The scope of this book embraces
practically the whole art of working metals with handtools and
with such simple machine-tools as the small engineering shop
The tool outfit of the average
metalworker does not generally include anything more ambitious
than a lathe with or without slide-rest, overhead motion, etc.,
and it is with this limitation in mind that the whole of the
contents of this book have been prepared. Even within such
limits, the scope is extensive, and has been made to include a
large and pleasing variety of work.
In attempting to present a graded
course of instruction, difficulties have been encountered which
were absent in the preparation of the companion volume "The
Handyman's Book of Tools, Materials, and Processes Employed in
The practice of metalworking has been split up
into so many branches, and these have been so sub-divided, that
a number of distinct trades has been created; and the tools and
processes of one trade often have but slight relation to those
of another. In face of this fact, it has been
found impossible to arrange the work in a series of exercises
gradually and successively increasing in difficulty and in the
skill necessary for their performance.
The book chiefly conforms to
another arrangement - that by which the tools and processes are
described in their natural sequence; thus, after a brief
introduction giving particulars of all the known metals, the
book opens with a section on foundry work, the basis of all
This is followed by a section on
the art of the blacksmith, and then come detail descriptions of
the tools and processes by which the rough surfaces left by
casting and forging are chipped, filed, scraped and polished.
Succeeding sections deal with annealing, hardening and
tempering, drilling and boring, followed by screw threading with
taps, screwplates, and dies.
the greatest importance is the section on soldering, brazing,
and riveting, in which an attempt is made to impart a sound
knowledge of the whole of the processes in general use.
Three sections on the manufacture
and ornamentation of sheet metal ware include instructions on
pattern drawing, cutting out and shaping, seaming and jointing,
wiring and beading, repousse and oriental decoration, and it is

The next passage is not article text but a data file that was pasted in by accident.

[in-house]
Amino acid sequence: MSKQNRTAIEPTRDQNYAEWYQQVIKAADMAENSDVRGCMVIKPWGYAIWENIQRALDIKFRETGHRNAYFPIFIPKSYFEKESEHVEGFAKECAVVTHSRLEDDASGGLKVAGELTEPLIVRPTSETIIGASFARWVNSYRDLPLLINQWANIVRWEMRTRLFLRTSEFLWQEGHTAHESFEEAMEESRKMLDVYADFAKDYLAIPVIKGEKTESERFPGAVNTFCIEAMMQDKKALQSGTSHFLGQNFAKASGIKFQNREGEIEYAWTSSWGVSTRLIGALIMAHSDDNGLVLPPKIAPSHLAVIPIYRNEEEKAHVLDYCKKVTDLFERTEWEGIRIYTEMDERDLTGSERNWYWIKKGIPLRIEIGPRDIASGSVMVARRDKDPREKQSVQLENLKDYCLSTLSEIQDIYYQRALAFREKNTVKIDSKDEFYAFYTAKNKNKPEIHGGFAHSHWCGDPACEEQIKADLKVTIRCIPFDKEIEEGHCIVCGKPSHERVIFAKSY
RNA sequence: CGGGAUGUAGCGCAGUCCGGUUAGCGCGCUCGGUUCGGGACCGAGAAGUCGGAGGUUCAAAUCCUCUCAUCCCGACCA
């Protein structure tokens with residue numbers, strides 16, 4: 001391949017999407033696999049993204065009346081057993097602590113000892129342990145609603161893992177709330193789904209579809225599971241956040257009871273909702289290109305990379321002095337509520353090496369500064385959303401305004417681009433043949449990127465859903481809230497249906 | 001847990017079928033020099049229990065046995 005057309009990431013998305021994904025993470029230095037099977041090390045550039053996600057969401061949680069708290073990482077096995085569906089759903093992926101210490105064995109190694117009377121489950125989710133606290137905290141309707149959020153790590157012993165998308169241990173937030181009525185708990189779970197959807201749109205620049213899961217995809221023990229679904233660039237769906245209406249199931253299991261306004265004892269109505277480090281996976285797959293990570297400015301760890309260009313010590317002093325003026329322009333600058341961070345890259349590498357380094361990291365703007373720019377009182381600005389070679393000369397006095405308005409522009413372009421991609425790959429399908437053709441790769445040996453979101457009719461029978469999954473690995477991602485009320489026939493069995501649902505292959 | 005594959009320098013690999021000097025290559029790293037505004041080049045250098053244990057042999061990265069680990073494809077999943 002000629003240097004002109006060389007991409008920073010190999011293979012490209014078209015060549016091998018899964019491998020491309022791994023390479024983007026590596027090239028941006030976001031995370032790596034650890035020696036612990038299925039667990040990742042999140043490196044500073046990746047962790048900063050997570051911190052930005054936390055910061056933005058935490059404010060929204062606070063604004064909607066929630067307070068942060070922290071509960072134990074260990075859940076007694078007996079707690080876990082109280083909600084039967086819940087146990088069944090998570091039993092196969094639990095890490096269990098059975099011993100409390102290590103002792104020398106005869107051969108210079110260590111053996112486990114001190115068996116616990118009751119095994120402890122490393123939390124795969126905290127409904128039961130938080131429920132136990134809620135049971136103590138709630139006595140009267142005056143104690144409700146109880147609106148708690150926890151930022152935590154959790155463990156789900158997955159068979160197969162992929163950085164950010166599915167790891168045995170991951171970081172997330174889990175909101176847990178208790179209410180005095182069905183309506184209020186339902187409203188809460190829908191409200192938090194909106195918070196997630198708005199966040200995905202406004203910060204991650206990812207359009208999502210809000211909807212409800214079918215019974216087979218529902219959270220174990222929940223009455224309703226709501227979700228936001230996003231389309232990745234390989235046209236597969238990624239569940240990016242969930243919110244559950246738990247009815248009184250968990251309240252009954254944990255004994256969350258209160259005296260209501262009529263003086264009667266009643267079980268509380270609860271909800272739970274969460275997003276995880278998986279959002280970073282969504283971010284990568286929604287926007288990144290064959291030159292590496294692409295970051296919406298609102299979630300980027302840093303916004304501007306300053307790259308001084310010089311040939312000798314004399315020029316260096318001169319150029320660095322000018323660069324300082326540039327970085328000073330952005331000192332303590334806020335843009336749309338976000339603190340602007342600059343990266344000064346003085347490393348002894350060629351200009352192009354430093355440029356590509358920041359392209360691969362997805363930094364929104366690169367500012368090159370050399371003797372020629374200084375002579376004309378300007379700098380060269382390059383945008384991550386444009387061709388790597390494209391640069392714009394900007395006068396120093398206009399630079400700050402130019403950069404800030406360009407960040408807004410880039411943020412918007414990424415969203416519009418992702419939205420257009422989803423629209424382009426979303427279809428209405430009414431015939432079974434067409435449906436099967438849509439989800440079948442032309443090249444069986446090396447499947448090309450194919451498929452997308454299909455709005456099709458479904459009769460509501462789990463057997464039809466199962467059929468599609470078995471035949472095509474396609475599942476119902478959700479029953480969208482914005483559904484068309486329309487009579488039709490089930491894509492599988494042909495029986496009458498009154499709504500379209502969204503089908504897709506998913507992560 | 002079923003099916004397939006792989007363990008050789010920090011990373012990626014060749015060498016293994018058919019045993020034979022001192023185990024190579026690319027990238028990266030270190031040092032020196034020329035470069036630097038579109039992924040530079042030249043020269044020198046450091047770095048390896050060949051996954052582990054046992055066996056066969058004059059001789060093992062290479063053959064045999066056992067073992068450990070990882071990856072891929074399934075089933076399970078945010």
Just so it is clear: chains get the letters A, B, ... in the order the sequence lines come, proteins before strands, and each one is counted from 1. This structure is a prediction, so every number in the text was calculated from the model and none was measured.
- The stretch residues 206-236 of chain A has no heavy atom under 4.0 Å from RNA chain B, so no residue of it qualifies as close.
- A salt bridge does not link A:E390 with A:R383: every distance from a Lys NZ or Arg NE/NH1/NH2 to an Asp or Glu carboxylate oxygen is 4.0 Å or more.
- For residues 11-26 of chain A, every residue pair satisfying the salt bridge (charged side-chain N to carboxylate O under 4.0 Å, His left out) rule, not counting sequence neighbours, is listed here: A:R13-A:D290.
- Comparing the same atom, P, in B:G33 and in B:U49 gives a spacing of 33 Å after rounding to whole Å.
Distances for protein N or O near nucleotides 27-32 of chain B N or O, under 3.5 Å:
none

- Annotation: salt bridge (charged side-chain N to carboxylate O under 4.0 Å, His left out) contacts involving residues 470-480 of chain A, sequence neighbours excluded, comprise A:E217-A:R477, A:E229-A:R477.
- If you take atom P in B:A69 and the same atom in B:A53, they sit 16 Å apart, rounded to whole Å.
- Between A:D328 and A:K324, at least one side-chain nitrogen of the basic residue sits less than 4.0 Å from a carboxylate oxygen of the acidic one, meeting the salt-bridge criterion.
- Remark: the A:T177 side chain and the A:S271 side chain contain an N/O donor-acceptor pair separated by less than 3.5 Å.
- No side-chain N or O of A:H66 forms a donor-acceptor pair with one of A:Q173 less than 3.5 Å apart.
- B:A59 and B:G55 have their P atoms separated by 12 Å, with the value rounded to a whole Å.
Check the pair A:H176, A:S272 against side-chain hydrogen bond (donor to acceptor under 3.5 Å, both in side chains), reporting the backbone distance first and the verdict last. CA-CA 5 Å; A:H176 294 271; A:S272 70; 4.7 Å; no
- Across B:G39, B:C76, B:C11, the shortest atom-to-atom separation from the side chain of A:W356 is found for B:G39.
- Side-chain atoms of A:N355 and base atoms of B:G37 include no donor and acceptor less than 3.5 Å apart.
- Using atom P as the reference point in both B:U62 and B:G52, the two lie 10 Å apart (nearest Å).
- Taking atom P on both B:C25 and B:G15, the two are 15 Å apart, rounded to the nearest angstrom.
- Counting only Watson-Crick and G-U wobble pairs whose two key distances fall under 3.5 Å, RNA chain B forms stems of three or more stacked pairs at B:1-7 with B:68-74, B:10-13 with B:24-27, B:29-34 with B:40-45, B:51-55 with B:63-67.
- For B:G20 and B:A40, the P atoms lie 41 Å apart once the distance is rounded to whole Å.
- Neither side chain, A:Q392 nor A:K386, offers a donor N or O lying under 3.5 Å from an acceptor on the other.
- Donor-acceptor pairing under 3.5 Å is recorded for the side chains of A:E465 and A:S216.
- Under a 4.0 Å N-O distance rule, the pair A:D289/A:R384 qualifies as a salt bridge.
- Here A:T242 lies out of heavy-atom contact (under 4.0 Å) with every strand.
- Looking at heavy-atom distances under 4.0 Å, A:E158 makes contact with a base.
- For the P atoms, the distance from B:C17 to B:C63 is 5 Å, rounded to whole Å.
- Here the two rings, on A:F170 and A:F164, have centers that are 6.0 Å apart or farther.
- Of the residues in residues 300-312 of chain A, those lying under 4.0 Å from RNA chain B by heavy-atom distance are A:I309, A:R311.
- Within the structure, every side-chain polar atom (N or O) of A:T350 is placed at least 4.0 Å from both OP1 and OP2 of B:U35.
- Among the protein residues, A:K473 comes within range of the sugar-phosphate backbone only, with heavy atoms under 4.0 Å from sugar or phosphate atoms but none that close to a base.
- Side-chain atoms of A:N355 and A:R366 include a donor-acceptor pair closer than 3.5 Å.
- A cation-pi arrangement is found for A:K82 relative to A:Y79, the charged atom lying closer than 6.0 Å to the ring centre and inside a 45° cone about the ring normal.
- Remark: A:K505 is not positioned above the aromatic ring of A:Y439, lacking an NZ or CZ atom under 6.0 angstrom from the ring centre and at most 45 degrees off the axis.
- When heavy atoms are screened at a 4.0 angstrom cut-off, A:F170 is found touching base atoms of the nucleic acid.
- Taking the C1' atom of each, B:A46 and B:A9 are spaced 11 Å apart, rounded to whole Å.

believed that the section on repousse work forms the most
complete treatise on the subject yet published. The finishing,
lacquering, and coloring of brass is a subject that follows in
The second part of the book
introduces work of a different kind, and considerably more than
a hundred pages is devoted to lathes and lathework; all the
necessary appliances for and the general processes of chucking,
hand turning, slide rest turning, using revolving cutters,
spinning and knurling are described in plain language and fully
Engineers' tools for setting out,
measuring and testing, are illustrated and described in the next
section, and then comes the first of the more important examples
- a serviceable 4-1/2 in centre lathe with slide-rest - in the
construction of which much of the information given in previous
chapters is applied.
Later examples include a skeleton
clock, small horizontal and vertical steam engines, boilers,
petrol motor, water motors, a dynamo and electric motor, a
microscope and a telescope.
These are all the subjects of clear
working drawings and minute practical instruction. Among
miscellaneous branches of metalworking dealt with at the end of
the volume are gold and silver working, electro-plating, wire
work, electric bell making, etc., etc.
Actual practice is recorded
throughout this book and the discussion of theory has been
allowed only when it is an essential preliminary to
understanding the principles underlying a method, a process, or
the action of a tool. The examples of work have been adapted
from existing articles, and the columns of “Work," one of the
journals it is my fortune to edit, have been drawn on freely.